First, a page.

NBA Playoffs 2011: How the Boston Celtics Can Stop the New York Knicks

Chaz SuretteCorrespondent IApril 14, 2011

MIAMI, FL - APRIL 10:  Kevin Garnett #5 of the Boston Celtics takes a moment of silence during a game against the Miami Heat  at American Airlines Arena on April 10, 2011 in Miami, Florida. NOTE TO USER: User expressly acknowledges and agrees that, by downloading and/or using this Photograph, User is consenting to the terms and conditions of the Getty Images License Agreement.  (Photo by Mike Ehrmann/Getty Images)
Mike Ehrmann/Getty Images

There's a classic NBA adage that goes a little something like this:

"Offense may sell tickets, but defense wins championships"

Never before has this been more true in the NBA, despite all of the hype about the high-powered, hot-shot offenses that have permeated the league as of late.

It's what won the Celtics the NBA championship in 2008 and what allowed them to beat the Eastern Conference playoffs' more offensively-skilled teams and reach the finals last June before losing to the Los Angeles Lakers.

It is also arguably what cost the Celtics Game 7 of the finals in 2010 as well, as Boston was without center Kendrick Perkins, who went down in Game 6 with a devastating knee injury. The Celtics were outrebounded by the Lakers 53-40 in the deciding game of the series, and it has been speculated that if Perkins had been available for play, the finals would have ended far differently.

Fast forward to April 2011. The No. 3 seed Celtics are preparing to make another run toward Banner No. 18 and await an opening-round matchup against the No. 7 New York Knicks.

The previously horribly unwatchable Knicks, rejuvenated by the acquisition of superstars Amar'e Stoudemire and Carmelo Anthony, along with playoff veteran Chauncey Billups, are returning to the playoffs for the first time since 2004. The Knicks have become known for the sort of offense that gives opposing coaches and players fits, as New York averages 106.6 points per game, second-best in the league.

They will have to face a Boston team that sports the league's best defense, giving up an average of only 91.0 points per game.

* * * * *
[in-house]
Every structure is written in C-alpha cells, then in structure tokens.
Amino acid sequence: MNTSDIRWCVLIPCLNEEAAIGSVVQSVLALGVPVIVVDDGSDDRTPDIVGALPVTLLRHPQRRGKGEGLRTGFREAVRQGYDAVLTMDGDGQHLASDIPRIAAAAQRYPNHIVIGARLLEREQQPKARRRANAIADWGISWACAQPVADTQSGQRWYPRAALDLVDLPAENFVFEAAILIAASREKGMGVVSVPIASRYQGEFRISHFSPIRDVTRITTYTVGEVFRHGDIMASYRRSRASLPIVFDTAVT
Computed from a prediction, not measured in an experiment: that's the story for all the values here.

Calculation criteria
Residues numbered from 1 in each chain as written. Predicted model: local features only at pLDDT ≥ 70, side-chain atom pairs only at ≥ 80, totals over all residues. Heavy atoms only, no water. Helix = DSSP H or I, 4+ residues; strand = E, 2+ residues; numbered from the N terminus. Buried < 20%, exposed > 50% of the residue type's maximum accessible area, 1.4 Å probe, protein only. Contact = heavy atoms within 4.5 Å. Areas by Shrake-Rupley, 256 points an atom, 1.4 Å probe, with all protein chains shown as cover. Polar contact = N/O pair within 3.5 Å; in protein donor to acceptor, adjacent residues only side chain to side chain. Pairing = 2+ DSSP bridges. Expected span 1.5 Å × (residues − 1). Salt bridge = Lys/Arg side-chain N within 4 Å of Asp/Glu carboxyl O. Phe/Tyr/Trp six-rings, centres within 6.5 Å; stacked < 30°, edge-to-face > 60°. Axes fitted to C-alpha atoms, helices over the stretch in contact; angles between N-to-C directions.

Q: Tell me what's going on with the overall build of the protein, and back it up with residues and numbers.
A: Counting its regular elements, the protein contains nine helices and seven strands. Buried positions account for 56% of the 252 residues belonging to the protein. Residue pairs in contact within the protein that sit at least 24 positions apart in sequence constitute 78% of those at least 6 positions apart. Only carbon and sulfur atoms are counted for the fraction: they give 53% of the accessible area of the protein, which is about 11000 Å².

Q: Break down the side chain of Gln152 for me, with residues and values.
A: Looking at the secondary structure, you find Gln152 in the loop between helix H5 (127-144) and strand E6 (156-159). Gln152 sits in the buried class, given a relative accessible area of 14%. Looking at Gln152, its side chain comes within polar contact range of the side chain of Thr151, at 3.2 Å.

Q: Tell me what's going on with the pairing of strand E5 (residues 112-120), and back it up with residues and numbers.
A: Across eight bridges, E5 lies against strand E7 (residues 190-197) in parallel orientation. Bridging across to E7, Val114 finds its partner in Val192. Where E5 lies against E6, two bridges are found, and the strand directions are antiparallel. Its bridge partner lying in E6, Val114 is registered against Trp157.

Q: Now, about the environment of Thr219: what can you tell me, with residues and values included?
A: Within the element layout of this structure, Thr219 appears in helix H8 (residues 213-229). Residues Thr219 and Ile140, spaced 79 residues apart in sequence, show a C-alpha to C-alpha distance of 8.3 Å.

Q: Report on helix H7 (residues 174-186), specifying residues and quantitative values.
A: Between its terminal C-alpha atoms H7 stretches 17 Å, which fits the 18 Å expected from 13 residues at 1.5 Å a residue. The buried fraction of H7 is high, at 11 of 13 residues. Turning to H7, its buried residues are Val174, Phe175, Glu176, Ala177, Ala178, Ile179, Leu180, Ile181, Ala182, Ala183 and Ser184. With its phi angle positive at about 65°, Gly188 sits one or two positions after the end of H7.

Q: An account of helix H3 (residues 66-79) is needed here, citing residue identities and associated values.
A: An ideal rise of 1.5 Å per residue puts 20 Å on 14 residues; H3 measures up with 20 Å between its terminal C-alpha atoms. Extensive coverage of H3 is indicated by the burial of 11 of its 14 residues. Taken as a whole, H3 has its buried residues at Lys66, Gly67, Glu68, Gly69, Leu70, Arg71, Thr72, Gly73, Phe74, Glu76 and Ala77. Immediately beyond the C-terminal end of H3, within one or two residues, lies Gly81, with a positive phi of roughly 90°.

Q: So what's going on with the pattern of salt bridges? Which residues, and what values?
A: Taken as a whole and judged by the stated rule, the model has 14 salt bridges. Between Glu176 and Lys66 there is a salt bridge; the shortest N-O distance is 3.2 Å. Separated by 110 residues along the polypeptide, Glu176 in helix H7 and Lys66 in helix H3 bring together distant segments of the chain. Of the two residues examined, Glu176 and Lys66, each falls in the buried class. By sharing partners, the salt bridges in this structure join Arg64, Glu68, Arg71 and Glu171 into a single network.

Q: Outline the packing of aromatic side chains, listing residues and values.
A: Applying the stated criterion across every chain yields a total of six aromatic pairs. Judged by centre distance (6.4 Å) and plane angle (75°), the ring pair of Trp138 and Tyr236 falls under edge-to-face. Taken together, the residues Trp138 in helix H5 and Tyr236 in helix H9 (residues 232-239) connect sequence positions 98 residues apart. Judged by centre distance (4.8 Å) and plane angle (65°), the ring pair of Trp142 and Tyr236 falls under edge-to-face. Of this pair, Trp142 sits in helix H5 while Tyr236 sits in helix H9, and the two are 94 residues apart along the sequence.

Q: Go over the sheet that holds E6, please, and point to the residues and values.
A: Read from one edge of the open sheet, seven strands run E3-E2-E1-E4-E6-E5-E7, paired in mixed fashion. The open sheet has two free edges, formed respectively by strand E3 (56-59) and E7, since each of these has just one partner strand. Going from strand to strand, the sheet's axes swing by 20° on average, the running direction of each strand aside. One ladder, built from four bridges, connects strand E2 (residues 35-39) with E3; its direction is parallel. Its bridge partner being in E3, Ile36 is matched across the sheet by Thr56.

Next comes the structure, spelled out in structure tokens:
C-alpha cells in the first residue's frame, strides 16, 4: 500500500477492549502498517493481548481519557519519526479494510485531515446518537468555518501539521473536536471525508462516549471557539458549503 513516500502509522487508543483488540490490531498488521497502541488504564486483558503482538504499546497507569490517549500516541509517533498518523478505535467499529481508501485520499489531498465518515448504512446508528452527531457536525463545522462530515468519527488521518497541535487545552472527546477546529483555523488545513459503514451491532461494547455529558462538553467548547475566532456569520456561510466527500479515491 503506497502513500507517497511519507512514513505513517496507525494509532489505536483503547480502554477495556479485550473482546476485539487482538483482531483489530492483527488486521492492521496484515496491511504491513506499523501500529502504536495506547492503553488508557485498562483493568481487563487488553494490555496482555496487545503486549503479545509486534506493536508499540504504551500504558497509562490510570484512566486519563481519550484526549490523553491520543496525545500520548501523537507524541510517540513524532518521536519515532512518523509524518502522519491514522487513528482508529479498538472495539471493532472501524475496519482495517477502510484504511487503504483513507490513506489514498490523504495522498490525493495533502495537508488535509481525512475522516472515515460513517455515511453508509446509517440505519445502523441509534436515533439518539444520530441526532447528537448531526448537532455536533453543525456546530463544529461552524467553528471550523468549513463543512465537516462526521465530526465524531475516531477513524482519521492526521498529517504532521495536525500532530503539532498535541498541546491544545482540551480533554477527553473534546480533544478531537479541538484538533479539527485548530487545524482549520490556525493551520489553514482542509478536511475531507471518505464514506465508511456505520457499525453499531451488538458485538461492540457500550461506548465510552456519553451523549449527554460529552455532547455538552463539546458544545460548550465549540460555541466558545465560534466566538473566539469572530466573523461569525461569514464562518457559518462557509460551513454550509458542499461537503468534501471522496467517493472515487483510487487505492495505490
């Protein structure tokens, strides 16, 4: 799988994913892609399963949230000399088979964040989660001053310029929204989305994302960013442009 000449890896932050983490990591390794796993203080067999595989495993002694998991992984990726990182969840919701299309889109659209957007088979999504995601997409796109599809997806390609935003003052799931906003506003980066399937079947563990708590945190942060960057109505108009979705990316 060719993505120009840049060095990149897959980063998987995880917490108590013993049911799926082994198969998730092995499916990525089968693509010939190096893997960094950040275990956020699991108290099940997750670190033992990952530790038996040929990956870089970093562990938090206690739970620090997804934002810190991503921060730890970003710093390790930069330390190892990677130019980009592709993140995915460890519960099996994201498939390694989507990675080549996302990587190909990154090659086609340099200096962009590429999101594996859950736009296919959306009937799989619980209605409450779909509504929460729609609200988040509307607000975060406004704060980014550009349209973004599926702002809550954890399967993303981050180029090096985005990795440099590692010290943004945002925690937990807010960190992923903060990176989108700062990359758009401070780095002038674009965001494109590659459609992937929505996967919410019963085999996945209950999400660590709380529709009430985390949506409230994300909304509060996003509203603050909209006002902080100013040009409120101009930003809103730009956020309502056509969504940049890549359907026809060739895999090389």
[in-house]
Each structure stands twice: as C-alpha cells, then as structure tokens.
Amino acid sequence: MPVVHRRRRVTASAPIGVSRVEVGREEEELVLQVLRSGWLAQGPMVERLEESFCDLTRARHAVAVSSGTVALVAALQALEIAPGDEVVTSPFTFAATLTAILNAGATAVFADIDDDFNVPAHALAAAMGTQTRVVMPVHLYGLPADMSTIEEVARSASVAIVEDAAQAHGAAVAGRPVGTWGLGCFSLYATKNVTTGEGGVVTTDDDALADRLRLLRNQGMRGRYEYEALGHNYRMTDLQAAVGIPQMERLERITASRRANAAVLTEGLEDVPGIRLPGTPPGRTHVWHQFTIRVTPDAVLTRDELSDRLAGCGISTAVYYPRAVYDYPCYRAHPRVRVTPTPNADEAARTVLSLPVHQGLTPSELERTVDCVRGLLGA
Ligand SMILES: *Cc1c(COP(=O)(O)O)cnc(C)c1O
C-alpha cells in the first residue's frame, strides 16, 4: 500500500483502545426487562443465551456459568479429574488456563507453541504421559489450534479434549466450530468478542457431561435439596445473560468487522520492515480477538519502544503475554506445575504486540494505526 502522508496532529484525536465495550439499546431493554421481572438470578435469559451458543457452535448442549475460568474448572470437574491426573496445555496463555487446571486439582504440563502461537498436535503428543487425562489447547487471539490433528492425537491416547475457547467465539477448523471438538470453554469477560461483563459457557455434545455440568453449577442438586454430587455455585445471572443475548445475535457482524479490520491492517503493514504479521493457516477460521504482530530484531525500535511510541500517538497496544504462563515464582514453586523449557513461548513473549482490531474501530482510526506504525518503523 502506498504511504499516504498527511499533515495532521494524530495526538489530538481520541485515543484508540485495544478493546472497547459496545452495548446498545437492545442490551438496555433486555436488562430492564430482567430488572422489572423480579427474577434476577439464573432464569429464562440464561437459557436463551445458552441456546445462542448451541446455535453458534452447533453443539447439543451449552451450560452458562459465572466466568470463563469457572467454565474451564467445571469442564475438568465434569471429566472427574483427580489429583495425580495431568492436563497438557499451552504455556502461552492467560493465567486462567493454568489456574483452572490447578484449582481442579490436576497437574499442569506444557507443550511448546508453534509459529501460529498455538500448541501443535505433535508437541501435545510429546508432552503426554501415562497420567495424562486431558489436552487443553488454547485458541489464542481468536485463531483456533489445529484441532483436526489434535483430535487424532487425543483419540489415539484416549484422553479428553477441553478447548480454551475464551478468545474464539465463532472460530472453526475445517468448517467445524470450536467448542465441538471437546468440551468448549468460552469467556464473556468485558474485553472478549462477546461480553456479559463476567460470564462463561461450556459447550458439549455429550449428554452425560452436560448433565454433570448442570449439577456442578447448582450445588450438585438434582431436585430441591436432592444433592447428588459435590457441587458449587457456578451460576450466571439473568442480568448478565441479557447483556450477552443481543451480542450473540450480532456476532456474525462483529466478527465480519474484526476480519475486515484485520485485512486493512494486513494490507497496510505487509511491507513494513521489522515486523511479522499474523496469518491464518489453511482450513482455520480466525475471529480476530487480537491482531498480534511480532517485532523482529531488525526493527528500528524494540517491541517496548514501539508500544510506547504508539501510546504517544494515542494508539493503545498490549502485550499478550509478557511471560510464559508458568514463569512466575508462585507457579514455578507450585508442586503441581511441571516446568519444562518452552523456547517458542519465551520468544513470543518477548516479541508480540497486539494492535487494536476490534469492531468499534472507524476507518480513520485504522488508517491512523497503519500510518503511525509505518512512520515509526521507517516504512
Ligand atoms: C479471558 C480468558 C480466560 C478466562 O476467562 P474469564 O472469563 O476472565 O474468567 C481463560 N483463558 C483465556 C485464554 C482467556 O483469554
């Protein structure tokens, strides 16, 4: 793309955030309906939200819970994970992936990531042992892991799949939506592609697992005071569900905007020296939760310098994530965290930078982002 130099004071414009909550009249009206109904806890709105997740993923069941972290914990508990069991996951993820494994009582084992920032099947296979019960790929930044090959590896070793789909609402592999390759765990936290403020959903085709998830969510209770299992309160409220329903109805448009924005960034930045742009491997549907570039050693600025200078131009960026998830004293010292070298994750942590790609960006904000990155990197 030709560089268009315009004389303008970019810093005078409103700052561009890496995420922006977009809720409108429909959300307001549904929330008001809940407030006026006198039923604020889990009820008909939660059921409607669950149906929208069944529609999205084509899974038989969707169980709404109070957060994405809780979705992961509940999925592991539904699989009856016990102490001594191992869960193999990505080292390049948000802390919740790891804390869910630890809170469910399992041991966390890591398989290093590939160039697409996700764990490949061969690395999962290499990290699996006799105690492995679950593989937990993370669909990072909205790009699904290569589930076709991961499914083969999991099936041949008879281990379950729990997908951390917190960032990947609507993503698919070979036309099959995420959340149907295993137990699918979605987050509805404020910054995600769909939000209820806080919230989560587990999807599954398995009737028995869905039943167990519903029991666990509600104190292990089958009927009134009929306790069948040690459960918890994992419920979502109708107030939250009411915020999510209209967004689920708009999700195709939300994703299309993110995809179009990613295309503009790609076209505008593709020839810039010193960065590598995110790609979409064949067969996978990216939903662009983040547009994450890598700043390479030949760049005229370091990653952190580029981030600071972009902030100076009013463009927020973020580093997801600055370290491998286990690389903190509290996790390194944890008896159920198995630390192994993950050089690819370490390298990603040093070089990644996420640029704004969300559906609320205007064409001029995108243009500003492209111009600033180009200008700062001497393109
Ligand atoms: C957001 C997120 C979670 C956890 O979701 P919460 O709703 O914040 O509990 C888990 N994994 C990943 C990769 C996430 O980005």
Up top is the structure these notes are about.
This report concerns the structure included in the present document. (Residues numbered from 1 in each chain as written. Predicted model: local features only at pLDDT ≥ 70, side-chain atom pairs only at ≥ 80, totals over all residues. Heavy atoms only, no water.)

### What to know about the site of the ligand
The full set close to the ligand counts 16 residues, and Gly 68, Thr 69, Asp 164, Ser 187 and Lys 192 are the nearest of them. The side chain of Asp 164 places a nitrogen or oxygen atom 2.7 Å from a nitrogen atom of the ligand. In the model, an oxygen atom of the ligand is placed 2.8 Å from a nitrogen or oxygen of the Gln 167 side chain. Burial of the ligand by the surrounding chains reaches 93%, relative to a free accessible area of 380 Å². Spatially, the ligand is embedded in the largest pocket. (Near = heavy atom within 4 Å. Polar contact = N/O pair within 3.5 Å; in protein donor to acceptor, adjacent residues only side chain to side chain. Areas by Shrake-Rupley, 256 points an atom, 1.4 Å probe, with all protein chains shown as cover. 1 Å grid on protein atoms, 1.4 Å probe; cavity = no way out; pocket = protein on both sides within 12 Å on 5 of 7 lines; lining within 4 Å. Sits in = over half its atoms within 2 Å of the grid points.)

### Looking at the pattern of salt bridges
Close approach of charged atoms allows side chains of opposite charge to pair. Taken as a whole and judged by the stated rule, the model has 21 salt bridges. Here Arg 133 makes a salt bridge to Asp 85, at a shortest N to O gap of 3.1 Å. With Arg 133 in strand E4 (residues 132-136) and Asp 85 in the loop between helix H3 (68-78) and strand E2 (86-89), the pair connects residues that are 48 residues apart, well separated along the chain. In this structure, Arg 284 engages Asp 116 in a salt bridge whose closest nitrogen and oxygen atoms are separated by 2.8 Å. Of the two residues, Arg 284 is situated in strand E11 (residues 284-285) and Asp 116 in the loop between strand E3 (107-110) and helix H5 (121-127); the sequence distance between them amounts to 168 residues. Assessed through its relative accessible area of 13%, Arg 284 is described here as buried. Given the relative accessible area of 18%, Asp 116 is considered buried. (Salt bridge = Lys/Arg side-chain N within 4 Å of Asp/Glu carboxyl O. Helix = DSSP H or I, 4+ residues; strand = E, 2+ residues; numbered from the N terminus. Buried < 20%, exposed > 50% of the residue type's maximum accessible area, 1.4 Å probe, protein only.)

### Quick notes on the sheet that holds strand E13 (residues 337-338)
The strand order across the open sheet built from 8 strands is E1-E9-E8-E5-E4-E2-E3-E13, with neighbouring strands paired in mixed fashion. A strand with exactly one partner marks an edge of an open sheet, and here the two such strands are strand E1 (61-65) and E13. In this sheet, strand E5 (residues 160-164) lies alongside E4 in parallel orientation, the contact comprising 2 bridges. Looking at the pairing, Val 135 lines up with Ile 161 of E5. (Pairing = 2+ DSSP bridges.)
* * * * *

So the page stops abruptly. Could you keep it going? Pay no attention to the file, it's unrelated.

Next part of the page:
Despite the loss of Perkins, the Celts still have a tough interior defense anchored by Kevin Garnett, Glen Davis, Shaquille O'Neal (when he's healthy) and the increasingly physical Nenad Krstic. Their ability to prevent opponents from driving to the hoop forces teams to shoot from the outside, and for some teams, this is more than enough of a weakness for the Celtics to capitalize on and convert stops into points at the other end.

The problem with facing the Knicks, however, is that their very strength is outside shooting. For the Celtics to defeat New York and advance to the conference semifinals, they will need to shut down Carmelo and Amar'e by any means possible.

This means forcing them to drive to the hoops and allow KG and Big Baby to take over.

If Shaq can get healthy and Jermaine O'Neal can look alive and stay tough, the Celtics can cause problems for the Knicks, as Boston has a huge size advantage over New York.

Once the Celtics can limit the Knicks on defense, they have to be able to convert on offense. Rajon Rondo has been criticized as of late for his inconsistent play at the point; he'll need to settle down and stay focused.

The Knicks may not play very much defense, giving up over 105 points on average per game, but that's no excuse for Boston to get sloppy when they have the ball. If Rondo can execute efficiently, the Celtics will have no problem dismantling the Knicks and scoring points.

Finally, for the Celtics to win this series (and any subsequent series they play), they have to put their late-season woes behind them.

Yes, the loss of Perk hurt a lot of guys and may be a detriment to this team, but they need to focus on winning the guys they have. No more blaming Danny Ainge; it's time to take responsibility for their play and go out and compete with all that they've got.

If they can stay hungry and refuse to give up, they'll do just fine.